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Sample chapter extract from


Daryl Guppy ?This extract copyright 1999.

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Buried somewhere in the backyard where I grew up are several old bottles. Each contains a treasure map, the paper authentically browned by lightly burning with a candle until it resembled parchment. Each map is a fantastic mythical island on the edge of the known world. Each is marked with a childish 'X' to show the treasure buried under a coconut palm.

The lust for buried treasure grew early and it was my first introduction to charts. These invented charts were eventually replaced with real maps. They provided enticement, opening my eyes to the vast, and to me, unknown regions of Australia beyond the settled districts. Later I followed the Northern Territory roads and tracks marked on topographic maps which themselves carried the magic words " not fully mapped." Working in the middle of an Australian desert I stumbled across a real treasure map; a chart of the financial market. This is a practical map always charting new areas as the boundaries of exploration push forward. Charting for me had come a full circle, although there was no 'X' marking the buried treasure. These charts provide profit making opportunities undreamt of by the child who buried the bottles.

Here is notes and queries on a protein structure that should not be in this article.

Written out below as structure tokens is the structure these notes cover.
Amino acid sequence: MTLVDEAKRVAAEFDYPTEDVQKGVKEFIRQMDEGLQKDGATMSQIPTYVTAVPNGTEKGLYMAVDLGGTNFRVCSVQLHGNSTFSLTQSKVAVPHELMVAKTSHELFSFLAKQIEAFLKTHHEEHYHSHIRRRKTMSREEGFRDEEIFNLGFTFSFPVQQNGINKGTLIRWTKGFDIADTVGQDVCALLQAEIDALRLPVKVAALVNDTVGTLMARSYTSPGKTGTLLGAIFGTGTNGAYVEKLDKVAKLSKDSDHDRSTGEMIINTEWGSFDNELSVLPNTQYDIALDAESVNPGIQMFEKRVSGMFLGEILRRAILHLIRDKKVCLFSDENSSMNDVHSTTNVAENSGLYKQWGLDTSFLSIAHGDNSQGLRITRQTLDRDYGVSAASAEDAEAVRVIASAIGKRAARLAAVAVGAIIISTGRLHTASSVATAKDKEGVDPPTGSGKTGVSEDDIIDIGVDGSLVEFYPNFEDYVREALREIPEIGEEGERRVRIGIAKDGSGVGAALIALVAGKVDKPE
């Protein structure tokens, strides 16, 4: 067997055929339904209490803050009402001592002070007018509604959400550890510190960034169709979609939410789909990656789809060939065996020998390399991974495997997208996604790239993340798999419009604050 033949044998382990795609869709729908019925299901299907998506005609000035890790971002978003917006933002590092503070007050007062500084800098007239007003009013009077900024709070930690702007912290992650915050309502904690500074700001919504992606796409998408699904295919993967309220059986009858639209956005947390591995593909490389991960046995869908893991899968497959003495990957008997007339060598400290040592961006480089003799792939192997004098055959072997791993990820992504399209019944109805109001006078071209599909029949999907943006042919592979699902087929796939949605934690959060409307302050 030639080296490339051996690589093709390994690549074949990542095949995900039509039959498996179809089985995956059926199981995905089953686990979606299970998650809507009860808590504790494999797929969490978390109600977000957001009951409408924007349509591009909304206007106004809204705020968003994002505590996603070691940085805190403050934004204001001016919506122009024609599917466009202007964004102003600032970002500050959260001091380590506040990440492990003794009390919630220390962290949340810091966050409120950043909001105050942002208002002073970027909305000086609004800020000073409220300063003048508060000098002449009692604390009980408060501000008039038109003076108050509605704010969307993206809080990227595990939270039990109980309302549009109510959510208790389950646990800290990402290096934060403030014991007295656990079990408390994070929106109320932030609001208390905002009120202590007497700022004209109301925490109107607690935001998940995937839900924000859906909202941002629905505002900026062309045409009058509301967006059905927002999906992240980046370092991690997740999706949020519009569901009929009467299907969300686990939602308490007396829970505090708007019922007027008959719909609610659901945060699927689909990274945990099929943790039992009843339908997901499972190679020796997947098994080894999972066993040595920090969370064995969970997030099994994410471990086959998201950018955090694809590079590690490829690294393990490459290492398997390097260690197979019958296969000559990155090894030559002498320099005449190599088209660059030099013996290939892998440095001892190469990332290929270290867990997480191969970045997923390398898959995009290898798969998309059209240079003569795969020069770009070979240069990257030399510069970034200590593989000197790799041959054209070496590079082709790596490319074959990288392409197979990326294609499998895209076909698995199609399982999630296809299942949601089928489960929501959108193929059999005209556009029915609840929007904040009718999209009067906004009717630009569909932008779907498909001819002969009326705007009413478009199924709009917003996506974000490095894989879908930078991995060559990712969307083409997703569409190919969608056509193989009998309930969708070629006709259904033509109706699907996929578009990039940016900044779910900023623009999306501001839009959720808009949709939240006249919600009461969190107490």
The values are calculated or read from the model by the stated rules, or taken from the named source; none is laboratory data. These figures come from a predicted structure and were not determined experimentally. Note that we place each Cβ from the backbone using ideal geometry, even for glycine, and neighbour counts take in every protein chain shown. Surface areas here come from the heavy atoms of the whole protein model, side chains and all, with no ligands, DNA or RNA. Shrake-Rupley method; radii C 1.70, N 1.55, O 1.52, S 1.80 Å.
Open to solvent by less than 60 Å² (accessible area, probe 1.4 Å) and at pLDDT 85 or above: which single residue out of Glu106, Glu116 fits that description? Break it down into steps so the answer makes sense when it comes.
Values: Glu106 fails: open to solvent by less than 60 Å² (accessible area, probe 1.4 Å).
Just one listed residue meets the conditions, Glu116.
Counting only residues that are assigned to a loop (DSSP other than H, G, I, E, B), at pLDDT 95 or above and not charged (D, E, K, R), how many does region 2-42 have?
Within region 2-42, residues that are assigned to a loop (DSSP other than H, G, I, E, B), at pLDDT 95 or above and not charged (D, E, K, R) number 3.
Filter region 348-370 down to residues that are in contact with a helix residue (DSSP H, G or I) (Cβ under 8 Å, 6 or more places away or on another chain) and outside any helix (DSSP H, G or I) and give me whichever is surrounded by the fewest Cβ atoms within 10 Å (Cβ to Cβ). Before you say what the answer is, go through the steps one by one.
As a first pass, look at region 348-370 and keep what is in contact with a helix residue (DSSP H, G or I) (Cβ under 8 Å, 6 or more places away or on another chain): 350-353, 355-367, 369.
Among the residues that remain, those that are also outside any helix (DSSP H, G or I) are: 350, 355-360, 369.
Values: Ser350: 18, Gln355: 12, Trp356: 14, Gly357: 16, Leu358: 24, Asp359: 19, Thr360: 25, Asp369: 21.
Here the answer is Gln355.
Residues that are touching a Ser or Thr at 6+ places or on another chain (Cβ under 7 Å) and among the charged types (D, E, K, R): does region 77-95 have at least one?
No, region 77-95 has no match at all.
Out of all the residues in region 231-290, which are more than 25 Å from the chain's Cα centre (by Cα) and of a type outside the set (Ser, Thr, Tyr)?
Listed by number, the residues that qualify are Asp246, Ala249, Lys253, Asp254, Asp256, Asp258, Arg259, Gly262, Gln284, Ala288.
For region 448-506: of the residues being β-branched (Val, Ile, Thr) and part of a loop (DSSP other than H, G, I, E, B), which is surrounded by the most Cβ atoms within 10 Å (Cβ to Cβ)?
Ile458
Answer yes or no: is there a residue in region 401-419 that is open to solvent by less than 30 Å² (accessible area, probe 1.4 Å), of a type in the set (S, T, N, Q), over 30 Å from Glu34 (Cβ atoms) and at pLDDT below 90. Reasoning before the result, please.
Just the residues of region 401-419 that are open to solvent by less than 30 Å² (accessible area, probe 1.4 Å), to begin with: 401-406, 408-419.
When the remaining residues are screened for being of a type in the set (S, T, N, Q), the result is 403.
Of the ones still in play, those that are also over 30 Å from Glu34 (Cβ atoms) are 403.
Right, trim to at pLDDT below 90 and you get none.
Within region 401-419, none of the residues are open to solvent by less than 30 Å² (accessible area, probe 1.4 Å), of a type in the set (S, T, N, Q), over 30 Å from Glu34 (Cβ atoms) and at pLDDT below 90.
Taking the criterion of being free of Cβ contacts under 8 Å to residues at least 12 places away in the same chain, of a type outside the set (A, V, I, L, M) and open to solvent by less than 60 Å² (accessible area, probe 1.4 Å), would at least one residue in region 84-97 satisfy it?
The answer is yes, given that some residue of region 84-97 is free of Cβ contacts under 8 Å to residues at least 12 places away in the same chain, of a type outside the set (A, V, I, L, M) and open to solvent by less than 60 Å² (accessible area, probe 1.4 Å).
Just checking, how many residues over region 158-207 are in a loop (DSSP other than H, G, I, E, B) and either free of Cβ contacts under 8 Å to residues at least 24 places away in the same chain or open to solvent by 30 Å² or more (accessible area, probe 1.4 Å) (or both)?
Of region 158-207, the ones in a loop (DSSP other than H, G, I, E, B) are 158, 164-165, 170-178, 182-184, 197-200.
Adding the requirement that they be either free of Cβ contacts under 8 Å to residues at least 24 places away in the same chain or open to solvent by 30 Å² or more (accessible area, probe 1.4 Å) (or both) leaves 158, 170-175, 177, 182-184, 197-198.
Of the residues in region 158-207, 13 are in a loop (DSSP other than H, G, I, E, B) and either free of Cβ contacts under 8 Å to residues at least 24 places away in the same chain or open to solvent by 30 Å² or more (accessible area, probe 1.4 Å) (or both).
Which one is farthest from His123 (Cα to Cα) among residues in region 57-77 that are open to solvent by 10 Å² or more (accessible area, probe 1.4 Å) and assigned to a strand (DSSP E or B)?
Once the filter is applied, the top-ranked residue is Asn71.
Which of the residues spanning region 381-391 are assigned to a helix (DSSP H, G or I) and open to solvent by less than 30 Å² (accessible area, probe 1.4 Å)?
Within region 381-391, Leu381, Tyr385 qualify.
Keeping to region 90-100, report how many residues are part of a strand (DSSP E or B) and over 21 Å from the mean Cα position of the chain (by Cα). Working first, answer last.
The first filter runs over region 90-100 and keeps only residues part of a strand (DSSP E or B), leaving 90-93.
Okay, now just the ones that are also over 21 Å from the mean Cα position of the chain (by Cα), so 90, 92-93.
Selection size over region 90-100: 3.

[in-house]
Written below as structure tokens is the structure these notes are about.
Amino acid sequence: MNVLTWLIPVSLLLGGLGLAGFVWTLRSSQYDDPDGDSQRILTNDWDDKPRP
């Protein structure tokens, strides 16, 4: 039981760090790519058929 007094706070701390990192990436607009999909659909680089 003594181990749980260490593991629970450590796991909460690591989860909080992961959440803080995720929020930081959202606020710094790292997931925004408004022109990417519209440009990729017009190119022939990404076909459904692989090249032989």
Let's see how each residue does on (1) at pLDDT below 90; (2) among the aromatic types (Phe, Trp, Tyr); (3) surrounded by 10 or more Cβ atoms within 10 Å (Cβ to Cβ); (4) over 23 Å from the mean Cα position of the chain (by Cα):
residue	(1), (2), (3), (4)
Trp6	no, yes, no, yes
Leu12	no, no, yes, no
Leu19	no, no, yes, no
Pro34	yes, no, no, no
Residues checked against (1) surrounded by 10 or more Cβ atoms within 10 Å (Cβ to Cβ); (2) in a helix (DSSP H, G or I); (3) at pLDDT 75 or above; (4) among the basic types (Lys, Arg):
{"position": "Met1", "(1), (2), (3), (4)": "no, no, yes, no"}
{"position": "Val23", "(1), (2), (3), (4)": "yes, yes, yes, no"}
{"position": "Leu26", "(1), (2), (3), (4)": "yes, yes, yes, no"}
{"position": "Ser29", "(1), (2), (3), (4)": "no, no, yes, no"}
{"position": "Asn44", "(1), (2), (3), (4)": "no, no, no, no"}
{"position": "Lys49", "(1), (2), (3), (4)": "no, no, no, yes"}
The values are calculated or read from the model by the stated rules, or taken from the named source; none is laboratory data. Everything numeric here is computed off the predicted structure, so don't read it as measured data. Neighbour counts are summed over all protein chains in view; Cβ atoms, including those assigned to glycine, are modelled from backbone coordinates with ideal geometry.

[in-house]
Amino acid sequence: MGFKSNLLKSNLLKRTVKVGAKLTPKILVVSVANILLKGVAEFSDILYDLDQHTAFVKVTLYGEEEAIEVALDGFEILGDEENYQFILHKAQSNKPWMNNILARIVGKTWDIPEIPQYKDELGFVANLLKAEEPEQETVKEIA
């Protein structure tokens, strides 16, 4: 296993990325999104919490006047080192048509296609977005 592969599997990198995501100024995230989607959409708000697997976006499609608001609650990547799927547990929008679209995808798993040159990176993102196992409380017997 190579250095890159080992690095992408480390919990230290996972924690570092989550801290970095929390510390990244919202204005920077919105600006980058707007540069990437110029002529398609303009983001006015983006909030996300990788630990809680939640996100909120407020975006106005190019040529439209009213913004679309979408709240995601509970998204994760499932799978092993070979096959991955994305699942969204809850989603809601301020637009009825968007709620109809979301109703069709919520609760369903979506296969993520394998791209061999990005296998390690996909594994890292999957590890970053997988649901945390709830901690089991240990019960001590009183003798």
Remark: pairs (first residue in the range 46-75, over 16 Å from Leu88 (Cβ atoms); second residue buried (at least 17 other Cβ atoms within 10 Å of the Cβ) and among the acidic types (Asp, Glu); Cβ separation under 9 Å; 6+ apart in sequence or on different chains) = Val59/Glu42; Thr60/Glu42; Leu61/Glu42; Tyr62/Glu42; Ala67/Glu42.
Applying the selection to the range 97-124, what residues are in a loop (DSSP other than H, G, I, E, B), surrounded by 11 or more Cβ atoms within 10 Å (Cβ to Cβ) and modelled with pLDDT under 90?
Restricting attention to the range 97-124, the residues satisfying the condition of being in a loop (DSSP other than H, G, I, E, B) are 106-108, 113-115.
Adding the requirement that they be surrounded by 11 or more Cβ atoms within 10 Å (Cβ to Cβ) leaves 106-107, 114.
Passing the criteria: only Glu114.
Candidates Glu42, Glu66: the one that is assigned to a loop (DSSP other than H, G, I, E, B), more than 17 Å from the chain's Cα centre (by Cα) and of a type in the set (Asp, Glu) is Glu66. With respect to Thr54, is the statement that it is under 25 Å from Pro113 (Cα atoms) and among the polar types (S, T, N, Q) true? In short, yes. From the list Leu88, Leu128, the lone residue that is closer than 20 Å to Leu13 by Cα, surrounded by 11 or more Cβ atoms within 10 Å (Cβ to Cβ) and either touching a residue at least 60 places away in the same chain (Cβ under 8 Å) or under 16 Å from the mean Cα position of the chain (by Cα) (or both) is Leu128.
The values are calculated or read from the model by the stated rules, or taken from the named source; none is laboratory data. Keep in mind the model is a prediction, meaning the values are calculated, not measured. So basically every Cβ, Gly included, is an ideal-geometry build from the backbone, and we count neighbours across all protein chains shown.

Tradition holds that atop every treasure chest is a collection of bones. Textbooks give you the bones of technical analysis. In this book we put some flesh on them.  Critics may suggest I, and others like myself, are still looking for buried treasure and adventure. The 'X' on my charts and yours show opportunity and risk. There is a treasure but it is constructed personally by every trader from his chosen entry and exit points. The treasure is buried in a blur of market detail and a mountain of steady work.